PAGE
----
Is there not an Art to getting the Public to pay you good wages and expenses.

    So they may be Artists.

  • FuturePhysicist

    I think Feeney pays too much respect for politicians being real politicians outside the Assembly, there’s plenty to fudge in every other parliament.

    Reality is there’s very few “real politicians” anywhere.

  • Jack2

    lover not a fighter (profile)
    10 July 2012 at 2:47 pm

    Is there not an Art to getting the Public to pay you good wages and expenses.

    So they may be Artists.

    They are even better. Not real worries about job security, if you spawn a slightly dim child get them up to speed of kicking the others. Bingo another guaranteed job for life for nothing other than falling from their mothers crotch.

    Saying they are artists is akin to saying John Lennon was a bit handy at writing songs.

  • What is the difference between 100% of nothing and 50% of nothing?

  • SDLP supporter

    Brian Feeney, being a very smart guy, should know that in Irish politics whoever is thickest/most thran/obdurate/instransigent comes out on top and scoops the pool. It’s an iron law.

    -Dev, who fought a civil war, which wrecked the country, over an innocuous oath to King George V, accepted it a few years later and went on to enjoy nearly fifty years of electoral success;
    -Paisley, who said no to everything, destroyed successive unionist leaders who moved even a millimetre towards accommodation, and settled for a mess of pottage and a few seats in the Lords and “honoured” by the establishment (though not by me, who will raise a glass when he passes over to the other side, assuming I’m still above the ground myself);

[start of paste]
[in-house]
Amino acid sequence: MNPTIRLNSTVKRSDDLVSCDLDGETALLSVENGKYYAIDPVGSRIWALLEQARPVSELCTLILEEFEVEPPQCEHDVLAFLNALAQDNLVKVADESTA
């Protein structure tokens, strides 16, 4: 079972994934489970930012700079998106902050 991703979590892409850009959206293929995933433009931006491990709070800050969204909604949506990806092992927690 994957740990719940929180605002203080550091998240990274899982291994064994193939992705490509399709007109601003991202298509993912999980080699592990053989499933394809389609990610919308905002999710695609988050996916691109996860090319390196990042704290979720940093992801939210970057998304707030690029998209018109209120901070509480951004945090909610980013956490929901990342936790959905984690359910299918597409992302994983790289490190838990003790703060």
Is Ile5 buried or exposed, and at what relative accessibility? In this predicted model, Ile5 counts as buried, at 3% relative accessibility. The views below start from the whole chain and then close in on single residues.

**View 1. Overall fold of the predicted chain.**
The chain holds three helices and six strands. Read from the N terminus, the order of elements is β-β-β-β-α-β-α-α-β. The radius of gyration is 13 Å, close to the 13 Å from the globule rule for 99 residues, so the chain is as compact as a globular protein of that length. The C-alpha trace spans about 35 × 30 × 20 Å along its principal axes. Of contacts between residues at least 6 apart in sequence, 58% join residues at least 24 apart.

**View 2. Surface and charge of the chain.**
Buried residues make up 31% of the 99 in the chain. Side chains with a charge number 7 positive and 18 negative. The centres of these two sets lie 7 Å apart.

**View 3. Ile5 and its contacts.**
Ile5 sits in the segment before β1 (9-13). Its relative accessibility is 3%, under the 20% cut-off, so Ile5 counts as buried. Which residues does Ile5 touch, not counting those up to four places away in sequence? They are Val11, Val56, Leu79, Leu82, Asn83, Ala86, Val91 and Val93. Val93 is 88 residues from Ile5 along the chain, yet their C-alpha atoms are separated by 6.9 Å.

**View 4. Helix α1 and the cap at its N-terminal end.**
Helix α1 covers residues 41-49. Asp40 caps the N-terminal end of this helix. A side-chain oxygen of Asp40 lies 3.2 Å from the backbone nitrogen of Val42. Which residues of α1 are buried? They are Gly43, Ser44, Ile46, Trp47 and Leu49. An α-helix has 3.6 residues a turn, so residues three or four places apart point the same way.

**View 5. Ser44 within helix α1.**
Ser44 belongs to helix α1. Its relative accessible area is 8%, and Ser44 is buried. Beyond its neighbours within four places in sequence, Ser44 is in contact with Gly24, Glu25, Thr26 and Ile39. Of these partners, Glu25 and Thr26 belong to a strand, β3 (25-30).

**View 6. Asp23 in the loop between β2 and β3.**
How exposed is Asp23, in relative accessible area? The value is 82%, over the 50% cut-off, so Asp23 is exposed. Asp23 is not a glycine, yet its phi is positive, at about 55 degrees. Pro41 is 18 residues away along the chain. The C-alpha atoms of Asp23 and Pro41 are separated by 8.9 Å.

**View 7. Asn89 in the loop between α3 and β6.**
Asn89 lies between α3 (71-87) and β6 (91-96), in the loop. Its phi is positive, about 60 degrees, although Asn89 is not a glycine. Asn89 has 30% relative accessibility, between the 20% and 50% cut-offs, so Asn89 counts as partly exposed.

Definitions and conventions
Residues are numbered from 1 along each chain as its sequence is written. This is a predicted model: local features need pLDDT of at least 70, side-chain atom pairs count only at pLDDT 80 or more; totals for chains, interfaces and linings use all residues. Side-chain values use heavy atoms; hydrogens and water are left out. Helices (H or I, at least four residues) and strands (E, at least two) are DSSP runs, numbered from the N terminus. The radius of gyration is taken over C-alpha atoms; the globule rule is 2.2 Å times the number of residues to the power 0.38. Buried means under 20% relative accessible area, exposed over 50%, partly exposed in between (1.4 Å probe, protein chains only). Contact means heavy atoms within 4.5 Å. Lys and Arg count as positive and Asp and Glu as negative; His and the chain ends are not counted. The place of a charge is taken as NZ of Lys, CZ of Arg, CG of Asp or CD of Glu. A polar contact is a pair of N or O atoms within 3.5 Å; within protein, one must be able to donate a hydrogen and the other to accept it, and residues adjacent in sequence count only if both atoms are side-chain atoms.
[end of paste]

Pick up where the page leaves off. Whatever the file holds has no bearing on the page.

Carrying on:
-the Provos, who similarly wrecked all initiatives since Sunningdale up to the GFA, then sent out McGuinness to parrot speeches and insights coined by John Hume a generation ago.

    It’s true: people get the politicians they deserve.

  • SDLP supporter, perhaps this is a peculiarly Irish form of Bigmanism:

    Generally associated with neopatrimonial states, where there is a framework of formal law and administration but the state is informally captured by patronage networks. The distribution of the spoils of office takes precedence over the formal functions of the state, severely limiting the ability of public officials to make policies in the general interest. While neopatrimonialism may be considered the norm where a modern state is constructed in a preindustrial context, however, the African variants often result in bigmanism in the form of a strongly presidentialist political system.[1]

    Sound familiar?

  • Mac

    Apparently the dog is named after Lennox Robinson the playwright, definitely not Lennox Lewis the boxer.

  • FuturePhysicist

    What is the difference between 100% of nothing and 50% of nothing?

    Not only two divide by zero errors but a subtraction between two divide by zero errors???

    My head hurts!

  • FP,

    Who’s dividing by zero? I see two instances of multiplying by zero though.

  • FuturePhysicist

    Ah … thanks Andrew! Next time I’ll work with exponentials.